I’m about to sign off reading. Permanently. Way too depressing. The past three items that I “read” would make you refuse to get up in the morning. They were:
- The Billionaire’s Apprentice, by Anita Raghaven (formerly of Forbes and the WSJ);
- An excoriating article in the New Republic about Michael Needham and the Heritage Foundation; and
- Lean In by Sheryl Sandberg
First, The Billionaire’s Apprentice: It’s a tale about greed, and really good people who worked hard their entire lives, and then threw it all away. The book focuses on Raj Rajaratnam, and details those that Raj took down with him. Rajat Gupta, the former head of McKinsey & Company, gets special attention. What struck me as particularly sad is how one bad apple took so many people down with him. It’s not that the other people weren’t guilty; they were. However, almost all were straight arrows, and were it not for Raj, they would never have gotten involved with insider trading.
I was particularly stunned by Rajat Gupta’s fall, and how he persists in pleading innocence. True, he never traded a share of stock on insider information. However, he was a direct beneficiary of Raj’s trading on his inside information. Rajat is painted as a particularly wise man, who was orphaned as a teenager, supported his family thereafter, worked his way through college with an incredibly difficult curriculum, and overcame huge odds to become a sought-after and renowned individual.
Many of you know that I worked with Raj for many years. Raghaven and Audible got Raj and the other “just right” in voice, tone and context. Raj could be very, very cunning. In fact, the New York Post claims that he now has a “man servant” at Fort Devens. The sadness is that so many good people got caught up with him. Enough.
I’m told that technology has made insider trading much more difficult these days. Research analysts can’t be seen with corporate finance people. Doors are locked between departments in investment banks. Rule FD means that a company has to share with everyone all the time, and no one gets “special” treatment. Everything is circumspect.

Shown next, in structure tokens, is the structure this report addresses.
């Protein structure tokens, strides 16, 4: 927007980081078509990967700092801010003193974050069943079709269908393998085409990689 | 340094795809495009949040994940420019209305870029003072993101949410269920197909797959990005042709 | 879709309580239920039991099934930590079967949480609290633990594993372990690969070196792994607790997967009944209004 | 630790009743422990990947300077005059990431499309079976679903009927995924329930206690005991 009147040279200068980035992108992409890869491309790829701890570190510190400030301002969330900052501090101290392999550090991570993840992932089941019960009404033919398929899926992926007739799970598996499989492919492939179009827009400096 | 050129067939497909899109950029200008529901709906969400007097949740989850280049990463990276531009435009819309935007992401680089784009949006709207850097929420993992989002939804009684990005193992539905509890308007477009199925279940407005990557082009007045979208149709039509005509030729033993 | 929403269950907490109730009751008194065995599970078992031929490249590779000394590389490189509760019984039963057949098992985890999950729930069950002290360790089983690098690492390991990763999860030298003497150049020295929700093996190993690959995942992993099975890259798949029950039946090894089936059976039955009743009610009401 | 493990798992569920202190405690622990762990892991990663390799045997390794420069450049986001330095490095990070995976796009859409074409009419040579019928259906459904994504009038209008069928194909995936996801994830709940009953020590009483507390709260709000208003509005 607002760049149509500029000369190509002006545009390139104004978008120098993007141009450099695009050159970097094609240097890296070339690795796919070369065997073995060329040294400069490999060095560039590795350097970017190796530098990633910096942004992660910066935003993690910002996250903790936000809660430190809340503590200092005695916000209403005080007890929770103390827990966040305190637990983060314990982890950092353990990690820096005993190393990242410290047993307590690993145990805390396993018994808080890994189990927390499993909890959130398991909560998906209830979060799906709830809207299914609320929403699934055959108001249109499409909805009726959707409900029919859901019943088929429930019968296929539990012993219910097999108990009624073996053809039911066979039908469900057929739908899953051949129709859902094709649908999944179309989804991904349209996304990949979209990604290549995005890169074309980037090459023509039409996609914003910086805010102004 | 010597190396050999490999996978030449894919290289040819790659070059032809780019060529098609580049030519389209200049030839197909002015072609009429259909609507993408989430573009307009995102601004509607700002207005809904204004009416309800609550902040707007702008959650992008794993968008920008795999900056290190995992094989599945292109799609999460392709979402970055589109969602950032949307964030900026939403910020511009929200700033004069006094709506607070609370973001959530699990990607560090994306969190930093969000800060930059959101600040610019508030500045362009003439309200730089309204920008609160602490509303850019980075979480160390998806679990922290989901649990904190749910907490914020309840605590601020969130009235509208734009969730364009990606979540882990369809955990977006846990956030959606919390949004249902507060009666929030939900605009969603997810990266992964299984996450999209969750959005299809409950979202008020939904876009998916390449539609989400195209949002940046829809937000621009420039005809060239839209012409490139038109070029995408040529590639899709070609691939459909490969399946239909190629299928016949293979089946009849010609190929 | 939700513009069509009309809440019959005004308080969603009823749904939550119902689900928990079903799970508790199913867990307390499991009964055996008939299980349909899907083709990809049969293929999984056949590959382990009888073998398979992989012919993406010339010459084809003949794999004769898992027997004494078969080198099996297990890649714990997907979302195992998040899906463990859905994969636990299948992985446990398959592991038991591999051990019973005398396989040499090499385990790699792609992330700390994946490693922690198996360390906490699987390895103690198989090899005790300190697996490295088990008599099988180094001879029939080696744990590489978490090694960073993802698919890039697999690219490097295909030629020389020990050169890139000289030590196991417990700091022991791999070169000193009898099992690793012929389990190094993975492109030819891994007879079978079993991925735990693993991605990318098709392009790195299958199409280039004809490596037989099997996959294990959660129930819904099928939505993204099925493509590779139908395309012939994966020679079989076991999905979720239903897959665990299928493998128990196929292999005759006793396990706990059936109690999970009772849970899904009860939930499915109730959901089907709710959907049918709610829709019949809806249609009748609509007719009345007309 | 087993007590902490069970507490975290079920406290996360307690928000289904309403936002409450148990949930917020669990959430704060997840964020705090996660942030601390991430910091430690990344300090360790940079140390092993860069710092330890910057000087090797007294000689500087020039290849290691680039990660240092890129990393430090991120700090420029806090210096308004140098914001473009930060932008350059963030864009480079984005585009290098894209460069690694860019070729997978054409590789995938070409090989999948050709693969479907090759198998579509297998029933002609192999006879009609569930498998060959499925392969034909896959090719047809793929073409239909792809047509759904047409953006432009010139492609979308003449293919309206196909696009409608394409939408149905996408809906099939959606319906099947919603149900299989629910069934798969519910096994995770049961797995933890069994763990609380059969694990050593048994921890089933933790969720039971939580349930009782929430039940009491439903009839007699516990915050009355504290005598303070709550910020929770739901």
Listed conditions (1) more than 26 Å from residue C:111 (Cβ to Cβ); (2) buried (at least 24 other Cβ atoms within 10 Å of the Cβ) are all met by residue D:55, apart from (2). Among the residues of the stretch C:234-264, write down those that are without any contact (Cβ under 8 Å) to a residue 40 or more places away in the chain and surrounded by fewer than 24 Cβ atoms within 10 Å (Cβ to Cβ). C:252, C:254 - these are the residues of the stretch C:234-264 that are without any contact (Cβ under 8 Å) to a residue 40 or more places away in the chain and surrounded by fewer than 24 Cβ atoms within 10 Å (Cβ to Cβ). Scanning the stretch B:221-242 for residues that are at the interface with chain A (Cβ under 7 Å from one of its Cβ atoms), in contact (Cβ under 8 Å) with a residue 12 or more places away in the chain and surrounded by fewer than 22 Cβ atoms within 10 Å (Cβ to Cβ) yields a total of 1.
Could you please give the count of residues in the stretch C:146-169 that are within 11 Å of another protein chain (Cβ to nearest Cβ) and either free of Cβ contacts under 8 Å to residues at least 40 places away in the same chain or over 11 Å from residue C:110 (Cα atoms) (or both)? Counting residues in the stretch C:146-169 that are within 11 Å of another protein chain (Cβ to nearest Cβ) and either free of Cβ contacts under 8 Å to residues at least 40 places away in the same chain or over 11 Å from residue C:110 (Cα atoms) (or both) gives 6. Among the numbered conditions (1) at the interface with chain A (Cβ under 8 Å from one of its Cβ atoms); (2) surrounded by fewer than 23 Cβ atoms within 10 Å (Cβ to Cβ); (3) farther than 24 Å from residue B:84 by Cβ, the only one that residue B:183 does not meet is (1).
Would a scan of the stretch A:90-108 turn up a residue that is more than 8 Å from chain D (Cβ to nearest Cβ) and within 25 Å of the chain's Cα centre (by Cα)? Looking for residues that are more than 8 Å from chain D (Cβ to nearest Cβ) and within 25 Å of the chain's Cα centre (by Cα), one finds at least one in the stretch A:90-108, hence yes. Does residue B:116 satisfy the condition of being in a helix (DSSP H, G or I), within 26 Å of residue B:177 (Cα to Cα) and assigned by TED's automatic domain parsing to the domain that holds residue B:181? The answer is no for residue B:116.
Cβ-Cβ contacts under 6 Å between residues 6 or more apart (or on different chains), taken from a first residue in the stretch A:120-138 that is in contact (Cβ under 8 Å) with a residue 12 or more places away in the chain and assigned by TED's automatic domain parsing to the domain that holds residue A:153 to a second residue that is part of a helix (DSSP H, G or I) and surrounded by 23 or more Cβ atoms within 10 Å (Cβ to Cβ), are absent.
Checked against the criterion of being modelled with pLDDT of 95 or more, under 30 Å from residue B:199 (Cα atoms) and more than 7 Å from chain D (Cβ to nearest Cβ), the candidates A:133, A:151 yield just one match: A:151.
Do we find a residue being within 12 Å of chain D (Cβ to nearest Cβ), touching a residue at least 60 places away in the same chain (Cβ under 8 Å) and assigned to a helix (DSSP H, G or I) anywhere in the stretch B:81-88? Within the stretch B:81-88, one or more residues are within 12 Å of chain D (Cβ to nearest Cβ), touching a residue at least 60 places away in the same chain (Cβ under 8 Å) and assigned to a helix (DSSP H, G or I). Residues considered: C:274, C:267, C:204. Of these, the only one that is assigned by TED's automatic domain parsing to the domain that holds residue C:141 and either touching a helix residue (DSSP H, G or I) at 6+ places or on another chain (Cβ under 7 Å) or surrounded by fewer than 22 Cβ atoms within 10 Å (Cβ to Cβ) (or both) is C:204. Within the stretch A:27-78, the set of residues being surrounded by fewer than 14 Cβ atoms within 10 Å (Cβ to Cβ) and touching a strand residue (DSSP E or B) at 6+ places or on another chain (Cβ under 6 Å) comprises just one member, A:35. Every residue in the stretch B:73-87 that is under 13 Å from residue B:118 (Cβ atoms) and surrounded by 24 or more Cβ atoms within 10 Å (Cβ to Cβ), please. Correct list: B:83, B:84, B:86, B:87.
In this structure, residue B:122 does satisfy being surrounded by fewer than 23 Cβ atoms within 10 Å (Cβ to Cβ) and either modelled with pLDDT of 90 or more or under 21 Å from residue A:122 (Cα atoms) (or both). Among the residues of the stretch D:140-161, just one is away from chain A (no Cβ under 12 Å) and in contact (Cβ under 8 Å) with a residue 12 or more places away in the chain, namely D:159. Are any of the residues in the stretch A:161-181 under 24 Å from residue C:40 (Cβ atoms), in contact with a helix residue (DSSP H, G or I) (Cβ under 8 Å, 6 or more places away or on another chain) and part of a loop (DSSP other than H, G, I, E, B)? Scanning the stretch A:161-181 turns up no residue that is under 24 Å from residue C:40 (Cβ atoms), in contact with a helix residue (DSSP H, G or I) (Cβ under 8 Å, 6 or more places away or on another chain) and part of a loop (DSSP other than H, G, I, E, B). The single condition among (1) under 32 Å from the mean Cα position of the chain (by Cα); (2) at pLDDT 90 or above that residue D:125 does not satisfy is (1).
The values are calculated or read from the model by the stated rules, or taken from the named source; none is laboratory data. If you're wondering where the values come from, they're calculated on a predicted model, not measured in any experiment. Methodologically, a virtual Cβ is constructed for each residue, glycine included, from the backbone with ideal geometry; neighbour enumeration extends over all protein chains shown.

While I don’t think of my days on Wall Street as “the good old days,” people were definitely looser than what you see today. Is profitability on Wall Street down because insider trading is that more difficult? Add to that the expense of all the technology that traces every key stroke and archives every email. Which is why I want to start a fund that invests solely in companies involved with compliance and security.
Moving on, the November 24th article of the New Republic, blames 31 year old Michael Needham for the stall-out in Congress over ObamaCare. Michael is the son of my former boss, and CEO of Heritage Action, the activist arm of the Heritage Foundation. As they say, the apple doesn’t fall far from the tree. While his father may have gone right up to the line, from time-to-time, he never went across the line. The article characterizes Michael as young, naïve and arrogant. Probably, all true. George always told us to be quiet, as professionals, and to stay out of the limelight. Advice he might pass along to his son.
Finally, I’m now listening to Lean In, by Sheryl Sandberg. I thought I would find it boring. Same-old-same-old. Yada, yada. It is depressing. How many times do I want to hear that men are far more often mentored than women, and that women make 70¢ for every dollar a man makes. Please, I prefer ignorance at this point. Knowing these facts isn’t going to help me make money. But wait, there are some huge positives about the book. Sandberg does give some incredibly pragmatic advice on negotiating and mentoring to the generation now moving up. And just like in The Billionaire’s Apprentice, the narrator sounds just like Sandberg. It’s as though she is narrating the book. Uncanny.
It’s no longer possible to profit by owning Audible stock, as the Company is now owned by Amazon. If it was public, I would buy the stock. I only wish I had become a subscriber earlier, given all the miles I’ve logged, and continue to log, back and forth to Boston.
Founder & Chairman
Content researched, edited and reviewed on a best efforts basis.
We make no claim to being comprehensive in our review, as the contents are companies and topics we, ourselves, find of interest.
This newsletter is proofed by Dave Henshaw, which is much appreciated. Dave is my USMS swimming lane mate, and Granite State Penguin team-mate. He is retired from MIT, where he used to produce and proof their annual financial report. Exactly what we need.